Some, such as Jeffress, acknowledged the results of the 2020 election earlier on and condemned the insurrection but shrunk from properly attributing blame for it to Trump and his loyalists. Graham and Perkins finally, begrudgingly, accepted President Biden’s victory after former Vice President Mike Pence met his constitutional obligation to tally the certified results of the Electoral College vote despite Trump’s efforts to effect a coup via insurrection.

This high crime against our political system came very close to culminating in the assassination of Pence and numerous members of Congress. It was an act of state terror perpetrated by a man who’d clearly and consistently communicated his willingness to indulge in such violence for the last four plus years; who had tellingly announced that he would designate leftist radicals as terrorists while refraining from any action against their more violent right-wing counterparts.

These Evangelical leaders responded to this intolerable act of aggression with silence or denial. Graham went so far as to criticize those Republican members of Congress who had the basic courage and integrity to fulfill their oath to support and defend the Constitution against all enemies, foreign and domestic, as being divisive.

Perkins complained that the seditionist Senator Josh Hawley’s publisher dropped his book. Contrary to Perkins’ and Hawley’s views, their decision wasn’t an alarming act of censorship or “wokeness”, it was an act of patriotism. Hawley deserves to be politically exiled and respected private publishers have no obligation to damage their reputations by indulging him.

The hypocritically selective moralizing of these religious leaders is absolutely unacceptable and Americans should not tolerate it, their pious pretensions notwithstanding. Their willful disregard for the facts and distorted perception of the Democratic Party as somehow untrustworthy because of its liberal values, combined with their seemingly unshakeable belief in their own camp’s righteousness, are appalling.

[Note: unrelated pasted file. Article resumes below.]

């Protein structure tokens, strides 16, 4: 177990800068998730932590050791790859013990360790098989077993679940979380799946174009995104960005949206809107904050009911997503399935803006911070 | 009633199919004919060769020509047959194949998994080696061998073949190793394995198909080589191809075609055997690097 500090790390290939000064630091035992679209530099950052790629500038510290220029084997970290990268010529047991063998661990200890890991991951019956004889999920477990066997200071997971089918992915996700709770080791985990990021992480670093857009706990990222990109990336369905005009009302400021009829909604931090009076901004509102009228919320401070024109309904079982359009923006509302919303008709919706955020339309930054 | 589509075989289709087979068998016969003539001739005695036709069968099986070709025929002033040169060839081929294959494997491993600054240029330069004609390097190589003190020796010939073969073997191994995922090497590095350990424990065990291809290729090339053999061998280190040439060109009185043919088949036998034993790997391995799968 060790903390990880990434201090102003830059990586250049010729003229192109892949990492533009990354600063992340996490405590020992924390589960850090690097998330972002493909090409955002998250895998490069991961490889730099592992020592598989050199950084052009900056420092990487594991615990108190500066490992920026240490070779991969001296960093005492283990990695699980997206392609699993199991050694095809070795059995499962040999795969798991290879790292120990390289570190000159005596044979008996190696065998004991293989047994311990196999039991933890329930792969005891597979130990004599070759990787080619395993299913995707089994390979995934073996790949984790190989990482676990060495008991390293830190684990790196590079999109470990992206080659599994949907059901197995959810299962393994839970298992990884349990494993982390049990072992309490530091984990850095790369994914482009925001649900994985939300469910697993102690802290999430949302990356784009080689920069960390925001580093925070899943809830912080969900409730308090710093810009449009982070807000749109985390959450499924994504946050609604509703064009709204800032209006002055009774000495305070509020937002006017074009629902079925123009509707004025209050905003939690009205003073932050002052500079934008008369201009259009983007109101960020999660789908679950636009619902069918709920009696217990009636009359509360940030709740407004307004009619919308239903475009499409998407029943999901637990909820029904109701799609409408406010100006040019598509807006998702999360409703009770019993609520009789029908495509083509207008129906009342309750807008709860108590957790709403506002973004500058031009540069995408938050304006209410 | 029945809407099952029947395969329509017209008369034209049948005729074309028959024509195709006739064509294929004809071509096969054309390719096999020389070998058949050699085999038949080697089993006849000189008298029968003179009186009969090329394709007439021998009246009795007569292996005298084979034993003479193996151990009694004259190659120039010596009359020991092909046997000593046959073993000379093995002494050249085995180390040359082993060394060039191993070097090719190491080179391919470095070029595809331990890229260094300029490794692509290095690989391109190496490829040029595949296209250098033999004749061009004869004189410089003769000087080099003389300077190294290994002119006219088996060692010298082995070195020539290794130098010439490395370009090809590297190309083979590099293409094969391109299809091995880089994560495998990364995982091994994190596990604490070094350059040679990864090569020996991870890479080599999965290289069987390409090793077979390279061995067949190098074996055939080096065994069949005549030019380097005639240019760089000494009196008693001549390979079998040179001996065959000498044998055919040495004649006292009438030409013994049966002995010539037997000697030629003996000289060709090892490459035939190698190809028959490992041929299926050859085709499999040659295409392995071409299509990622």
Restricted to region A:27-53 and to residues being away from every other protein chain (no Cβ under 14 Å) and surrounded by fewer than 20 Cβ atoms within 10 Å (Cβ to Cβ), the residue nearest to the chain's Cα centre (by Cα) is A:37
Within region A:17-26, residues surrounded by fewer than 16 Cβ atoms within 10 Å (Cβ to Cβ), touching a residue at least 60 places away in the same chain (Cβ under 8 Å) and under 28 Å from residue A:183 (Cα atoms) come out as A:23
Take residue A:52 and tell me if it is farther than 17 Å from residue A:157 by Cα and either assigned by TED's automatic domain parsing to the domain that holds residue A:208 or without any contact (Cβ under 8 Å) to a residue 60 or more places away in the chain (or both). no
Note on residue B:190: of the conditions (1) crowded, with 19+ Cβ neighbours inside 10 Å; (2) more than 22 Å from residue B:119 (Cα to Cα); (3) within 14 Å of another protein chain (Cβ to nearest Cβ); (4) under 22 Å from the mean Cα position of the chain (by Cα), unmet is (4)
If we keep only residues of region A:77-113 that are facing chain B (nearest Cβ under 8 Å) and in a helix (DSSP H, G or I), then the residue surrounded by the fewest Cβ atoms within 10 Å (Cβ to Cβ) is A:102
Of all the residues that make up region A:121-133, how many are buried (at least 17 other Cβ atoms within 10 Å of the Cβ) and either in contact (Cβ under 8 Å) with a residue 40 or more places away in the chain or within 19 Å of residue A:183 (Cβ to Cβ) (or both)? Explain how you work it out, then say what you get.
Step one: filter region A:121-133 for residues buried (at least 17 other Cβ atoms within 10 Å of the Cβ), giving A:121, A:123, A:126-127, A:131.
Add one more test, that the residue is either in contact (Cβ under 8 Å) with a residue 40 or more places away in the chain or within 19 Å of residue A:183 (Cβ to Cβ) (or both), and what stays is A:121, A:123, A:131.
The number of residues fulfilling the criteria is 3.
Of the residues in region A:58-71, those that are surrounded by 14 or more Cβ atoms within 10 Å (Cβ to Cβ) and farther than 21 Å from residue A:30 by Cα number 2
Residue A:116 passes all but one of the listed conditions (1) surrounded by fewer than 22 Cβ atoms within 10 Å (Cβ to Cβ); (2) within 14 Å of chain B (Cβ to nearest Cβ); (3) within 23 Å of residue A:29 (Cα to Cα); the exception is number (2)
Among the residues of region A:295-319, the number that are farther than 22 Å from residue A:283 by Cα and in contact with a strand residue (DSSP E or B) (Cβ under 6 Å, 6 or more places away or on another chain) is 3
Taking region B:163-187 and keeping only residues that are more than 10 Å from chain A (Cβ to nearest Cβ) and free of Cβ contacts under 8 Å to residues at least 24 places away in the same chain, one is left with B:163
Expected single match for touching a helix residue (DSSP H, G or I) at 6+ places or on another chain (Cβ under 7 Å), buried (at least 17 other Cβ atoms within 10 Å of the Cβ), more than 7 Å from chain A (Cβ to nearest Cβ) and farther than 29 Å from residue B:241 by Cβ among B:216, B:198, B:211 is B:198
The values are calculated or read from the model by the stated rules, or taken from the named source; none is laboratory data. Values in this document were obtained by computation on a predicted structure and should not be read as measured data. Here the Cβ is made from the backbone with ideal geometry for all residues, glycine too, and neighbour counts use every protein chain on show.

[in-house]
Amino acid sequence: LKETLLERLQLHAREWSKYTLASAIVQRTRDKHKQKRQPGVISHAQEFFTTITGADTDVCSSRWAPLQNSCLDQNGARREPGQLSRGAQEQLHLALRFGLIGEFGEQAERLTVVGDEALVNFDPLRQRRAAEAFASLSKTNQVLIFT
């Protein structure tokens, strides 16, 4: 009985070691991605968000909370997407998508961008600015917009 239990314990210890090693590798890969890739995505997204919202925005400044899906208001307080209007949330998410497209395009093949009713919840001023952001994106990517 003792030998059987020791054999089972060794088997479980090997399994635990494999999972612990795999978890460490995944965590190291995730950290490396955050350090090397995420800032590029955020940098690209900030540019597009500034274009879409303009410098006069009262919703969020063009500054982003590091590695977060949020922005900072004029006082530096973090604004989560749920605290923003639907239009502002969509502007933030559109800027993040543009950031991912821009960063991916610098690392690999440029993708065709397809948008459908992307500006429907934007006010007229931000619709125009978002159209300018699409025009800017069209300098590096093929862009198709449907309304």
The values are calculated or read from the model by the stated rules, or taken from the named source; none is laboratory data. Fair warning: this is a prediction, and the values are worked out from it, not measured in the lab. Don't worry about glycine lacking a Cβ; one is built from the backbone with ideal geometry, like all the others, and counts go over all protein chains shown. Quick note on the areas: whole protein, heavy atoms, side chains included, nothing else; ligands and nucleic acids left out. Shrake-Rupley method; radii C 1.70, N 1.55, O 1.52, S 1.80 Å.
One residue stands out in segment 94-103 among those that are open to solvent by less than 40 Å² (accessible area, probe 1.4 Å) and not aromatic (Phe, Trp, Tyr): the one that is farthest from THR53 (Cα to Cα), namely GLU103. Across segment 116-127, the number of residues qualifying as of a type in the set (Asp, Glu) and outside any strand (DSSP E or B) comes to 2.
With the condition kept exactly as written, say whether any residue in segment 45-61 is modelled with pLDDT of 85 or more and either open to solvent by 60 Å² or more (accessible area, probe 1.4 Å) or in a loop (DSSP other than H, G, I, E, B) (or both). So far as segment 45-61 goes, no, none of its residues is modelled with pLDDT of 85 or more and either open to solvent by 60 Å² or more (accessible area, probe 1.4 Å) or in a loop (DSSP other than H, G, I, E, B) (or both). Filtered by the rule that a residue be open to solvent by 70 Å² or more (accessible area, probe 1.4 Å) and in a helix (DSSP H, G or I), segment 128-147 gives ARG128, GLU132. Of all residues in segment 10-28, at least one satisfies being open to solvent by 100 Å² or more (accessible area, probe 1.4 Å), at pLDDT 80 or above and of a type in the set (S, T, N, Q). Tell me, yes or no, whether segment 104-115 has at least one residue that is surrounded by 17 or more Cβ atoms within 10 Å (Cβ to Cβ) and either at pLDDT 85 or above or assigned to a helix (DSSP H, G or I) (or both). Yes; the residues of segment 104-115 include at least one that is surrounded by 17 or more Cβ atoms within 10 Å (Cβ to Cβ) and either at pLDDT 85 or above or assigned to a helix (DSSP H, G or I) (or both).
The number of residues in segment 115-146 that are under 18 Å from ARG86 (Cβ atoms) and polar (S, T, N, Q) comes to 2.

The moral injury they’ve inflicted on Americans should give them cause for deep introspection and repentance. They allowed themselves to be thoroughly manipulated by an archetypal anti-Christ—a foreboding indication of their dubious ability to detect the anticipated deceptions and aggressions of a more cunning and formidable one.

The world in reality is not so clearly divided between “good and evil”. Trump claimed to care for the lives of the unborn because he knew his political viability depended on the sustained support of Evangelicals, who have irrationally made this issue, along with rolling back LGBTQ rights, their top priorities. Trump’s general disdain for human life should have been apparent, however, considering his efforts to accelerate the destabilization of our planet’s climate, his nihilistic response to the pandemic, and his exploitation of the downtrodden. Far too many of the most strident ostensible defenders of the “sanctity of life” within the Evangelical community have demonstrated that they care far more about the lives of the unborn than those who are already born into this world and struggling to survive within it.

It’s time for these religious leaders to do some deep soul-searching and to sift through the counterintelligence and criminal investigations into Trump and his loyalists with their own eyes. Government officials who were responsible for these investigations need to engage with them.

Evangelicals need to learn the painful lesson that just because a “shepherd” speaks “the Word” with great charisma and appears to be pious does not necessarily mean they are speaking with integrity or with an accurate understanding of the complex, sordid political intrigue happening around them. Whether acting based on naïveté, cynicism, or flawed utilitarian moral calculations, religious leaders can and do make terribly wrong judgments, however purportedly close their connection to God.

Americans broadly need to learn how to exercise clearer discernment by developing our analytical abilities—a fundamental civic responsibility—as we navigate our way through an increasingly murky fog of deception in domestic politics and international relations. Transnational violent extremists, aided by hostile foreign governments such as Russia, will divide and destroy us if we do not. The future of our democratic republic depends on our ability to distinguish truth from lies.


Bonus Video added by Informed Comment:

“Evangelical Christians in the USA” | DW Documentary

How the US could Restart Negotiations with Iran Sun, 08 Mar 2020 05:03:39 +0000 (Special to Informed Comment) – Trump‘ s policy of exerting maximum pressure on Iran, highly provocative targeting of Quds Force General Qassem Suleimani, non-recognition of Congress’s war powers, vow that as long as he remains in power Iran will not be allowed to acquire nuclear weapons, and Iran’s increasingly alarming violations of its own obligations under the JCPOA indicate a high probability of war perhaps even before the 2020 US election.

Although Trump communicated during his highly inflammatory State of the Union speech that the possibility of reaching compromise is entirely up to Iran, his lack of any substantive effort at constructive diplomacy and all-or-nothing approach to negotiation makes it nearly certain that Iran will continue to breach its own obligations under the nuclear agreement until the US or Israel acts militarily to stop it.